Insight article

Visions of the Future: Food of the Future

September 26th, 2018: What are you cooking today?

Well – here’s a recipe for you.


  • 9.1 billion people, the world’s projected population by 2050;
  • 25% of farmland worldwide: the proportion that’s now highly degraded, subject to soil erosion, water degradation, and biodiversity loss;
  • 8% of farmland worldwide: the proportion that’s now moderately degraded;
  • The year 2023: the year that the population in China, India, and Africa will constitute over half the world’s population;
  • 63kg of meat per year – as of 2016, the average meat consumption per capita per annum in China.

Heat by 2.6 degrees Celsius: the upper-bound estimate, according to the Intergovernmental Panel on Climate Change, of how much the earth might warm by 2050: the year that Oxfam estimate that the world will no longer be able to produce enough food to feed itself.

This recipe doesn’t come with a picture, but, to conjure up a vision of the future presented by this slow-cooking combination, imagine 379 Big Macs.

Then try and imagine 379 billion Big Macs (more burgers, incidentally, than McDonalds has cooked up in its entire existence).

Then try to imagine – if you can – a world that’s short of 379 billion Big Macs. Each year.

That’s the vision of the future outlined by Ms. Sara Menker, founder and Chief Executive of Gro Intelligence. When will our collective meal be ready? Cooking time for this unique recipe: uncertain, but take out and try any time between 2023 and 2050.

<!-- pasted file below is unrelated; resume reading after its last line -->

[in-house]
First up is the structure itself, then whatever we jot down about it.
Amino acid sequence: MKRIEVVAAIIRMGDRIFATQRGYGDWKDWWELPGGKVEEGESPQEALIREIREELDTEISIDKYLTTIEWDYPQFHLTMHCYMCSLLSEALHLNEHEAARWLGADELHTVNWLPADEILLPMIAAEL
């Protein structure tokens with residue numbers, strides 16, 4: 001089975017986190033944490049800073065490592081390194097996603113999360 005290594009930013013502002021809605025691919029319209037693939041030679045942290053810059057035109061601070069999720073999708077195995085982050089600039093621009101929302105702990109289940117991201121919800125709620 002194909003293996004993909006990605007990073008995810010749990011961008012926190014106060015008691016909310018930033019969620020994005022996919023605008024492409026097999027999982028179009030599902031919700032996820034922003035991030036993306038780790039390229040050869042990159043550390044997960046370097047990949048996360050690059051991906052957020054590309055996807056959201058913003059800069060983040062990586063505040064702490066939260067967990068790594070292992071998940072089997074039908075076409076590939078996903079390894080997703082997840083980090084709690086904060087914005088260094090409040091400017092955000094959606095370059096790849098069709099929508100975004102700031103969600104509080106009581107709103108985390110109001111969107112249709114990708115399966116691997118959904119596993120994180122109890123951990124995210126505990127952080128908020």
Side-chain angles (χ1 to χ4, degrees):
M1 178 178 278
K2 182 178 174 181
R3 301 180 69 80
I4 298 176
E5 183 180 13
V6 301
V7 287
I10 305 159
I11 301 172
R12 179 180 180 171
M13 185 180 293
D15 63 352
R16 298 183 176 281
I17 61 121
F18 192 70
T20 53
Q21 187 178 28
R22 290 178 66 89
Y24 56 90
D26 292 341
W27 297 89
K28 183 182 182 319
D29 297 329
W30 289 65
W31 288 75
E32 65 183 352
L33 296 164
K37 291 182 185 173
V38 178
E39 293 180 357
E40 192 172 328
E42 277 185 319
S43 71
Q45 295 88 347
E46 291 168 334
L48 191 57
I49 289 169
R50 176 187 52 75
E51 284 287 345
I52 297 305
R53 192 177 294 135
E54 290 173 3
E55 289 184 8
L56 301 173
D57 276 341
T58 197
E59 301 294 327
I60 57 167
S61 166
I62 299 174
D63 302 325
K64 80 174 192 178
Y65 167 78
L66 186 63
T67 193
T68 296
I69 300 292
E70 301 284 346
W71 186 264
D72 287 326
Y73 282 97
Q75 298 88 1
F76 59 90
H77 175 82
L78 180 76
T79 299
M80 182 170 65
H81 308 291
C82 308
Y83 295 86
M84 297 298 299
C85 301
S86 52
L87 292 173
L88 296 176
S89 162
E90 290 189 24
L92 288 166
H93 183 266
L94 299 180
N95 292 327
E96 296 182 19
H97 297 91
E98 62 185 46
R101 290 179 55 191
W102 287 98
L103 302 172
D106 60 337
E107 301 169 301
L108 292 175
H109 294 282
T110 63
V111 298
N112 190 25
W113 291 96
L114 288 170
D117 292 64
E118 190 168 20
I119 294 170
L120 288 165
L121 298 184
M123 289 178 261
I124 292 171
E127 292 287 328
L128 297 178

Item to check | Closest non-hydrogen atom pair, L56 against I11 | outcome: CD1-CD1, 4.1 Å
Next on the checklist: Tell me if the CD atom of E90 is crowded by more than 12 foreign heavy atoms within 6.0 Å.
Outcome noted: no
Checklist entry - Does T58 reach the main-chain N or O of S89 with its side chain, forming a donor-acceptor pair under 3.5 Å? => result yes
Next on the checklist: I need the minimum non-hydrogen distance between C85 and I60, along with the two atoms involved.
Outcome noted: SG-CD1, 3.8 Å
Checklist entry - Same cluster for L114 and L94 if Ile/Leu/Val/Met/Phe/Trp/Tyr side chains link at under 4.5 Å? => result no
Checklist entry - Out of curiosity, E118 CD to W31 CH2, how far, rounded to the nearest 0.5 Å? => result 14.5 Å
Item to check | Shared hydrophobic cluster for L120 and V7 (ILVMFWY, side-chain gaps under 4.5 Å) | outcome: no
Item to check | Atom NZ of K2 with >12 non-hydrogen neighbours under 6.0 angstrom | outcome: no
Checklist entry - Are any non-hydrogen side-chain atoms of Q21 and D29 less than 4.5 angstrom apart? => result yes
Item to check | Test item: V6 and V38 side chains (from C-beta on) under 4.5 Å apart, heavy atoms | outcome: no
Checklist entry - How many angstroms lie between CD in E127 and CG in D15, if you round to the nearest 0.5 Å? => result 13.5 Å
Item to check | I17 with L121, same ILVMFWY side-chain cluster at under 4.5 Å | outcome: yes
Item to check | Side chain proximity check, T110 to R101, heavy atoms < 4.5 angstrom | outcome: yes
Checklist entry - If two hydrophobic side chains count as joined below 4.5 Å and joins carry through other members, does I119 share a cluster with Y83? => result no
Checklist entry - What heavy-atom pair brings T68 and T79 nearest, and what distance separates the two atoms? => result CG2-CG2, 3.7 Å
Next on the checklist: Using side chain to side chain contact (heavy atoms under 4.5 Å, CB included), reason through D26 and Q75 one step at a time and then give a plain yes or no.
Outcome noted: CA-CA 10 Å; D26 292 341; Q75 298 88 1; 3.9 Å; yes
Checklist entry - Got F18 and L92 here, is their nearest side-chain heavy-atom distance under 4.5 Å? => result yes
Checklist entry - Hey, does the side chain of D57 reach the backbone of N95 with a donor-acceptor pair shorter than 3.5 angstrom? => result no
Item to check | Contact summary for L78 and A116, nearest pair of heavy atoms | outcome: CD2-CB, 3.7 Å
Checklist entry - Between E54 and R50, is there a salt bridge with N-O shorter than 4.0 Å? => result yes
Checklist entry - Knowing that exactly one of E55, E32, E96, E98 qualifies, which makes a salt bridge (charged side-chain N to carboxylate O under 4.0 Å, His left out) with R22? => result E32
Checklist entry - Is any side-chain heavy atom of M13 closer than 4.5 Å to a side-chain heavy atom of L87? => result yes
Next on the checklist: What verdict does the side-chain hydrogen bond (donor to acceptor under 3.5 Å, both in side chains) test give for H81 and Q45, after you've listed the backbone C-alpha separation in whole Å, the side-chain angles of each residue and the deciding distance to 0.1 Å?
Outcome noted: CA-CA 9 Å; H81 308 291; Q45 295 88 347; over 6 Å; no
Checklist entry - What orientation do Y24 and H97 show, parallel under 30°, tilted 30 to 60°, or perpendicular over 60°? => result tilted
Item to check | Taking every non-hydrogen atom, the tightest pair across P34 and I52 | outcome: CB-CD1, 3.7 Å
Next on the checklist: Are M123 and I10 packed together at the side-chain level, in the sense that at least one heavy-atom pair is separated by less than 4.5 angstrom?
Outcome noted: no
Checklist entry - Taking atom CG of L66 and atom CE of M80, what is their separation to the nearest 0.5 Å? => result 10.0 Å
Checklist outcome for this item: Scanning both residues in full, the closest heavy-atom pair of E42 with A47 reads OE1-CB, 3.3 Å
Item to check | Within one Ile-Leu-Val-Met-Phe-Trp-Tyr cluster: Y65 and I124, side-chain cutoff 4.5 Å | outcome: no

There’s a recipe for you.

September 26th, 2020: What are you cooking today?

Here’s another recipe for you (innovative business partner required):

  • Take the world’s favourite foods – anything you like;
  • Pass favourite foods through 3D scanner, pressure sensor, and MRI scanner. Record texture, density, moisture content, visual data, and flavour in database;
  • Repeat for all favourite foods until your database contains all one could possibly want to feed the world;
  • Save database to a USB stick (yes: this vision of the future features fast food, too);
  • Insert USB into USB port on specialist 3D pixel food printer;
  • Select chosen meal;
  • Download chosen meal – and enjoy!

Imagine cooking from a computer. Imagine food that requires minimal – if any – farmland. Imagine a kitchen that requires not a gas-guzzling oven, but just your laptop and a 3D printer. Imagine a vision of the future where you can send your dinner via email, your breakfast from your smartphone – from folder to fork in minutes. Imagine a vision of the future where feeding the world doesn’t cost the world.

There’s a recipe for you.

If we want to combat climate change and ensure a sustainable future for the world, altering agricultural practice is imperative. Currently, 75% of our food can be sourced back to only 12 plants and 5 animal species, while global calorific demand continues to increase relentlessly with population increase.

Unsurprisingly, this will cease to be sustainable unless new nutritional sources are discovered or found. That doing so is increasingly imperative has been amply documented, with a range of reports – from Gro Intelligence to Oxfam – offering grave estimates of the risk posed by imminent food insecurity: 2023? 2030? 2050?

However, panic is premature. The power of human ingenuity is being devoted – with alacrity – to the task, with the Open Meals project one example of the attempt to combine new technology and ingenious innovation in ways that safeguard a prosperous future for humanity.

Futuristic and cutting-edge though this vision is, those behind Open Meals envisage a world where a meal can be downloaded and printed as easily as a PDF from a USB, combining big data, food analysis, and 3D printing technology to try and ensure that – no matter how much land we lose – the world stays fed, full – and, we hope – cool.

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Which story will move you and the people around you to do great things in 2018? Share your story with us. 

Jack Moran